That is exactly what they taught us in the 50's at Catholic school, and we were not allowed to have friends from those other religions.
Through the years I have learned the statement (posted by My2Cents) .below to be the truth.
One is not saved through the church, but saved by grace through faith in Jesus Christ.
Amen to that!
Can you or anyone give me a Vatican II source for that teaching?
Does that mean it is the only one which has child molesters in its clergy?
The DNC is going to have to add Catholics to "right-wing Bible believers" in order to avoid hypocrisy or shed light on their own religious mis-understanding in the upcoming Dem. campaign to paint the Christian right as the Taliban's equivalent.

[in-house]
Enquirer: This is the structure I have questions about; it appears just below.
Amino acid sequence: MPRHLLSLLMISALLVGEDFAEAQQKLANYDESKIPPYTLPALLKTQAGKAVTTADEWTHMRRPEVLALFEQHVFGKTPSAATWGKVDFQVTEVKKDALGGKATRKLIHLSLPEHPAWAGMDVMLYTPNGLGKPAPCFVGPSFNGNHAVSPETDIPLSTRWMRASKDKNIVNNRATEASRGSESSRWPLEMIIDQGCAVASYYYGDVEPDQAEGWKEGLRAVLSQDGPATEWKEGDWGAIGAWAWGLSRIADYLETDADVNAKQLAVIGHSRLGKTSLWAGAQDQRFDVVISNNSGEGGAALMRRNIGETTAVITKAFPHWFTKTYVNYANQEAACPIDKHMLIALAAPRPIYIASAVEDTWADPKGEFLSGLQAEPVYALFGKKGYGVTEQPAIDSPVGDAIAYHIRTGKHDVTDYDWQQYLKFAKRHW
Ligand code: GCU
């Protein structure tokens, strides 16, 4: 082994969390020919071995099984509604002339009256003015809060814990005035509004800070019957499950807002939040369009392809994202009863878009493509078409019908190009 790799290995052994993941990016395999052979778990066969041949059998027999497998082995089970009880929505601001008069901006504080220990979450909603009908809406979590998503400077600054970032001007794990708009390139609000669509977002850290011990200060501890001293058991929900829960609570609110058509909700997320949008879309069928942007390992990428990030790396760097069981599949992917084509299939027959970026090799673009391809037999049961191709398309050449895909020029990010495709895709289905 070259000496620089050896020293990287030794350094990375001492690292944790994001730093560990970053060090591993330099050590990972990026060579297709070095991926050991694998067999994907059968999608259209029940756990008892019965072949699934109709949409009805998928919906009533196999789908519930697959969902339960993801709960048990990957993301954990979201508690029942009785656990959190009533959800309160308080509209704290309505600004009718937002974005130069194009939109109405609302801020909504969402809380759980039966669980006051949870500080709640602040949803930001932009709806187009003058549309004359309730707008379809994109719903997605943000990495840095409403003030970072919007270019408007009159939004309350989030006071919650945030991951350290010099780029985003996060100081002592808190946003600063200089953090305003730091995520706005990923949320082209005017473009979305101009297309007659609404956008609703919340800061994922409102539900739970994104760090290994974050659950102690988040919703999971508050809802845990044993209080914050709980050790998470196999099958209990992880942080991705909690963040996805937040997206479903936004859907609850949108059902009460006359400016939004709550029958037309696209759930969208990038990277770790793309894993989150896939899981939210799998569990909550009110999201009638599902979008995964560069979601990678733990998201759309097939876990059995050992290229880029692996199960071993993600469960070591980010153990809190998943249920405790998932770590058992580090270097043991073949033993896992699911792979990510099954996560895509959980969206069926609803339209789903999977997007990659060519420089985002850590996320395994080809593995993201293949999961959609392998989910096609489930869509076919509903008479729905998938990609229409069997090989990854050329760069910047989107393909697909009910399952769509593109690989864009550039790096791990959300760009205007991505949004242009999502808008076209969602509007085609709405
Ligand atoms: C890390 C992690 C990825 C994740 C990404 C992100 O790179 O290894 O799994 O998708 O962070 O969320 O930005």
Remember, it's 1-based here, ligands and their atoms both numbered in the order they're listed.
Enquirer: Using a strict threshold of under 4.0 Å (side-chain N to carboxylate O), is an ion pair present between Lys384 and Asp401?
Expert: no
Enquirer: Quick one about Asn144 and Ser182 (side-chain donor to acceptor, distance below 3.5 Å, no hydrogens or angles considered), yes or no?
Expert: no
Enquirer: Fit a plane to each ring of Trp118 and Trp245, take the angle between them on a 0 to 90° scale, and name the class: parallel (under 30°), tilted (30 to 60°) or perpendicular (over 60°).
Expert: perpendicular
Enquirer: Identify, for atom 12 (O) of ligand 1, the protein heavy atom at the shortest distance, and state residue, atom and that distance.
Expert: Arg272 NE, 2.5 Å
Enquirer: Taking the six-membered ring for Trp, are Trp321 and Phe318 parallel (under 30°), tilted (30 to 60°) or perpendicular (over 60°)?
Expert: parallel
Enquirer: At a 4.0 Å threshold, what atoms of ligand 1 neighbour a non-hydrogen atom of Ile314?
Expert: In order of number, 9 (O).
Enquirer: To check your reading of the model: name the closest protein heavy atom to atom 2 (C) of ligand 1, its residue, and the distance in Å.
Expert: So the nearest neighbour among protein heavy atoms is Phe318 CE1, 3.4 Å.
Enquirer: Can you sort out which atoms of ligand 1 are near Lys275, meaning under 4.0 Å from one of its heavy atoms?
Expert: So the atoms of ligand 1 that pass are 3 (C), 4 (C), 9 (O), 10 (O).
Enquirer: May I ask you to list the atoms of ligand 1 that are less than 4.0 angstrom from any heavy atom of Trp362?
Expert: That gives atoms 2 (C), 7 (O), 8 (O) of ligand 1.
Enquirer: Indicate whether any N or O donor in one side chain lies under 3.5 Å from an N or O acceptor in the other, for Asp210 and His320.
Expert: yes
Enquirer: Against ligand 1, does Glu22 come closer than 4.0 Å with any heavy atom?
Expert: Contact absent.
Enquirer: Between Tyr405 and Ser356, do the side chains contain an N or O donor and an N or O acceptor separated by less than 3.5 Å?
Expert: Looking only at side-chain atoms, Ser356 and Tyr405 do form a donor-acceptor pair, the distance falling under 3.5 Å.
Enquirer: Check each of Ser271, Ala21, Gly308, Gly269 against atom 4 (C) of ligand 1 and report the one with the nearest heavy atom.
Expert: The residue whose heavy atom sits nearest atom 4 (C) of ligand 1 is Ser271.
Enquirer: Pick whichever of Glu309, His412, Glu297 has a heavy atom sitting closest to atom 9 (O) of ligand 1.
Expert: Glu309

We've so thoroughly shut God out of the public debate that these grown Dems. can actually be ignorant enough to compare God's command to "love your neighbor" in the Bible that all Christians follow (even those churches where Hillary and John Edwards go to condemn Republicans during election years), with the Koran's missive from Allah to kill infidels.
Worldlings in the press should not report on non-secular matters, IMHO.
How do you then deal with the issue of people who never had an opportunity to know anything about Jesus? What is their status?
Certainly, provided their heart is receptive and the Holy Spirit permits it. Don't sell the Lord short there. You would be smug to think that the Lord could not accomplish this.
I was not referring to Father Murray here!